Life used to pause with the setting sun in the bleak Azraq refugee camp in Jordan’s remote and harsh desert. But in May 2017 it became the first in the world to be powered entirely by renewable energy.
Approximately 36,000 Syrian refugees living in almost 5,000 shelters and prefab metal shacks in the desert camp will be able to use electricity generated by a solar plant – allowing them to light their homes, charge their phones and chill their food, all using solar power.
“Today marks a milestone,” said Kelly T Clements, Deputy High Commissioner of UNHCR (The UN Refugee Agency). “Lighting up the camp is not only a symbolic achievement; it provides a safer environment for all camp residents, opens up livelihoods opportunities, and gives children the chance to study after dark. Above all, it allows all residents of the camps to lead more dignified lives,” she added.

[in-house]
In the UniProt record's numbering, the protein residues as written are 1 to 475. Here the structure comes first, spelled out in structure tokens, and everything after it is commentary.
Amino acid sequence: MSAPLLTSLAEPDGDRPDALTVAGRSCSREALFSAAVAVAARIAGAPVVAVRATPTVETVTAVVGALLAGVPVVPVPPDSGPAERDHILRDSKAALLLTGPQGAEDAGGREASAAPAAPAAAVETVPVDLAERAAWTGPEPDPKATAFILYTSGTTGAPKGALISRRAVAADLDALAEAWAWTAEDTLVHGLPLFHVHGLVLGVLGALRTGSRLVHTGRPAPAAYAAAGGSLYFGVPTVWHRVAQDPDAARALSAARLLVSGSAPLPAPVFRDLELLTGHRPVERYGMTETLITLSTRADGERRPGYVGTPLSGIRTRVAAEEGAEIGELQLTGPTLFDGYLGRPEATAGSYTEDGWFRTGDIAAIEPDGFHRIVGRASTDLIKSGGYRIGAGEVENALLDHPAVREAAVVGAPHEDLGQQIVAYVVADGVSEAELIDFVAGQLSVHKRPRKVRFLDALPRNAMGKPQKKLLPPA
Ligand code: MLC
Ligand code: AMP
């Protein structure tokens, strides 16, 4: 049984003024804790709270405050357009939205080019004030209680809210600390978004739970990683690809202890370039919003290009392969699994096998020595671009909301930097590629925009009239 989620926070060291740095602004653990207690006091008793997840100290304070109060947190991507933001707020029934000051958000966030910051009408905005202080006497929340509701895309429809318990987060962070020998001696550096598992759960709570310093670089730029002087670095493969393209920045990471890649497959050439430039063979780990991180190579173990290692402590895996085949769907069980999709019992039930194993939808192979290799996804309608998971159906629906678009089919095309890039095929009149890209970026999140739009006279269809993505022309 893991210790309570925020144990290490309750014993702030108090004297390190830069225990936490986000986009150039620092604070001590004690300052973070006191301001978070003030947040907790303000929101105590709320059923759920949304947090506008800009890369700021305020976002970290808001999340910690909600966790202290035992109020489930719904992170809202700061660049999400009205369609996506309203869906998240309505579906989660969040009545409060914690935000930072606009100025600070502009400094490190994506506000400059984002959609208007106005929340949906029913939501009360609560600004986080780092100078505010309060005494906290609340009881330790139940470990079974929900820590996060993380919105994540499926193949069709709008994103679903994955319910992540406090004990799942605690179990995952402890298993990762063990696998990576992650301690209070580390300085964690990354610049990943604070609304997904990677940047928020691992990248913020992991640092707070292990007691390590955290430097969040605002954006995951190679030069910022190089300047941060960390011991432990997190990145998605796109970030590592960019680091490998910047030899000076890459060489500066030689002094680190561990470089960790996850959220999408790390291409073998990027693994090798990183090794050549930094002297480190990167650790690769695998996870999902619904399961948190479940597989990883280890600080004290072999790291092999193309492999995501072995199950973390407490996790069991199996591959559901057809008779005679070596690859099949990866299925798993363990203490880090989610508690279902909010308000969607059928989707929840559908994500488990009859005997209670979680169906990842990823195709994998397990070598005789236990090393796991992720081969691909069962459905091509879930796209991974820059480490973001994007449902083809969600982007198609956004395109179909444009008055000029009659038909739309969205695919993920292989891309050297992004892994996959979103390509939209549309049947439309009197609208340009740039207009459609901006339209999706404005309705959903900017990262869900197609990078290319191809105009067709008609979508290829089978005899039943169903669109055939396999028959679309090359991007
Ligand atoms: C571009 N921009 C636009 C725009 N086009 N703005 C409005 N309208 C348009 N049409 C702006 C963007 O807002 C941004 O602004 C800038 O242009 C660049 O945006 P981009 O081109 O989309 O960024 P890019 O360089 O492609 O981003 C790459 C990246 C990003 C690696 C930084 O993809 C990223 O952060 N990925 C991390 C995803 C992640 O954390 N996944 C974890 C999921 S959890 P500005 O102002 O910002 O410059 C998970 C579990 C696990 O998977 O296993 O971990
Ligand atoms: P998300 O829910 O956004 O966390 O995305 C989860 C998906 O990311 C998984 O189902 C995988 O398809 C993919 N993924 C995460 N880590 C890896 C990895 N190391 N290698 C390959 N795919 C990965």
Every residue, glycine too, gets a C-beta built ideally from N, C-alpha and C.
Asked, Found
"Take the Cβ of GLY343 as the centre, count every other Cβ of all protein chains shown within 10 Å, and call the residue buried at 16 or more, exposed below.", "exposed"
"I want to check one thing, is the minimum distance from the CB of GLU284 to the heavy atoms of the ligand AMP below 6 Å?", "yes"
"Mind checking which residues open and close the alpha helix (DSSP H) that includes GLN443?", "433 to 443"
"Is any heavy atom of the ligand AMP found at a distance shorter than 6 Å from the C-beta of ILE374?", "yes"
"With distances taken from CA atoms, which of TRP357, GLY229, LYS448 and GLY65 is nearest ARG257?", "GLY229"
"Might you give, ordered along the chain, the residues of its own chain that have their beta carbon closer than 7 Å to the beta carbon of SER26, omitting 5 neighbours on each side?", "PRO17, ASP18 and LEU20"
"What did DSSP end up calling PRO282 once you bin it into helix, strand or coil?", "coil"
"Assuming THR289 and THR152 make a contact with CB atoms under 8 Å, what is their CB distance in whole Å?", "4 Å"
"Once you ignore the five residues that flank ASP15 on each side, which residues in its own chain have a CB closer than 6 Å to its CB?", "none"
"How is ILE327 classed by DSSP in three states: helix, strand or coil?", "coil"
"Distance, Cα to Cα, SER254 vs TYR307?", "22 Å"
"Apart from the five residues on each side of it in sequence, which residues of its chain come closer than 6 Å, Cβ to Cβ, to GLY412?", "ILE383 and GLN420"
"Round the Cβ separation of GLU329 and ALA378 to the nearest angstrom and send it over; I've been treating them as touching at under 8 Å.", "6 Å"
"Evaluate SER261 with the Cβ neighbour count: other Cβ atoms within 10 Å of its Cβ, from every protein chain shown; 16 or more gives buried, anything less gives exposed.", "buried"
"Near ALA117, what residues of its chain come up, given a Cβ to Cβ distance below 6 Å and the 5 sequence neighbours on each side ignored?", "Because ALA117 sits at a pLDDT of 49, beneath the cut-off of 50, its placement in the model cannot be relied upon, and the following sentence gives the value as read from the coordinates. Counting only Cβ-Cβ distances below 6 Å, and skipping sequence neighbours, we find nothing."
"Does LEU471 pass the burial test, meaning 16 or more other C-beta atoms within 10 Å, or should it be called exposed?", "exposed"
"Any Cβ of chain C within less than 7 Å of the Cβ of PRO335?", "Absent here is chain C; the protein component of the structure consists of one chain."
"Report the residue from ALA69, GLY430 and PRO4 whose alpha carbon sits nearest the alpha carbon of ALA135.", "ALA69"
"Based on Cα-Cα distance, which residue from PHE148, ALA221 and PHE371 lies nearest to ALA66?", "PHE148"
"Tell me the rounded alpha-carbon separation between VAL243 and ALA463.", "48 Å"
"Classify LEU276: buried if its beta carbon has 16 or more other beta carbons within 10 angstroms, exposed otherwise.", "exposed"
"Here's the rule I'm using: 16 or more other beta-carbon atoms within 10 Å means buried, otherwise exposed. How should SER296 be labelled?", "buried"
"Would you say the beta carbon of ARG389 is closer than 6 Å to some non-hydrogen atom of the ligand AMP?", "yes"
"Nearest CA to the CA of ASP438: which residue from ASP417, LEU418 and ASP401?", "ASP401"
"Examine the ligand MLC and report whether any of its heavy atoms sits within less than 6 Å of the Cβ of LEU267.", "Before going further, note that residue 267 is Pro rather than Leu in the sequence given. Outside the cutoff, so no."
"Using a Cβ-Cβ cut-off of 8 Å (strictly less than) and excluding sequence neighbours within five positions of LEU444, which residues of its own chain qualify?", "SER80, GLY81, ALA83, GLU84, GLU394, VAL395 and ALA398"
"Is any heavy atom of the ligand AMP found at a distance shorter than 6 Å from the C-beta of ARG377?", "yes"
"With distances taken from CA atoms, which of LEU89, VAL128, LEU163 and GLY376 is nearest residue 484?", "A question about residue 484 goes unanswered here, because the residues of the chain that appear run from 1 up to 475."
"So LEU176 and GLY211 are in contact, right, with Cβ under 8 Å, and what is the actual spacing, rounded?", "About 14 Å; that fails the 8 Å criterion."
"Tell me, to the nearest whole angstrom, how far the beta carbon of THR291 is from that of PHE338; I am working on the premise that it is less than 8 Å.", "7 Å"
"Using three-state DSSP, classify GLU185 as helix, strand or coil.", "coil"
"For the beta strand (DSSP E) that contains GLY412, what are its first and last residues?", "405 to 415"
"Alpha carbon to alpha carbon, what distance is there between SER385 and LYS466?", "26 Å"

The Azraq camp will all be able to rely fully on solar power by 2018, UNHCR said. The switch to solar power will save the agency $1.5 million per year and function even if funding dries out. Money saved will be invested elsewhere, and could be used to improve sanitation, shelters or organise activities around the camp.
“Light is absolutely essential,” said Anne-Marie Grey, CEO of USA for UNHCR. “When you go into a camp, you realise how it’s a safety issue as much as a right to light or a right to energy issue.”
The solar plant – which cost almost 9 million euros ($10 million) – was funded by the IKEA Foundation, which donated one euro to UNHCR for each lightbulb sold in the chain’s stores. Its ‘Brighter Lives for Refugees’ campaign helps to provide solar-powered street lights, indoor solar lanterns, and other renewable energy technologies such as fuel-efficient cooking stoves in camps in countries such as Bangladesh, Chad, Ethiopia and Jordan.
This solar project isn’t a one-off, but part of a broader shift toward the adoption of clean energy in developing areas.
AtlasAction: Donate directly to UNHCR, the UN Refugee Agency.
Per Heggenes, CEO, IKEA Foundation and Kelly T Clements, UNHCR Deputy High Commissioner
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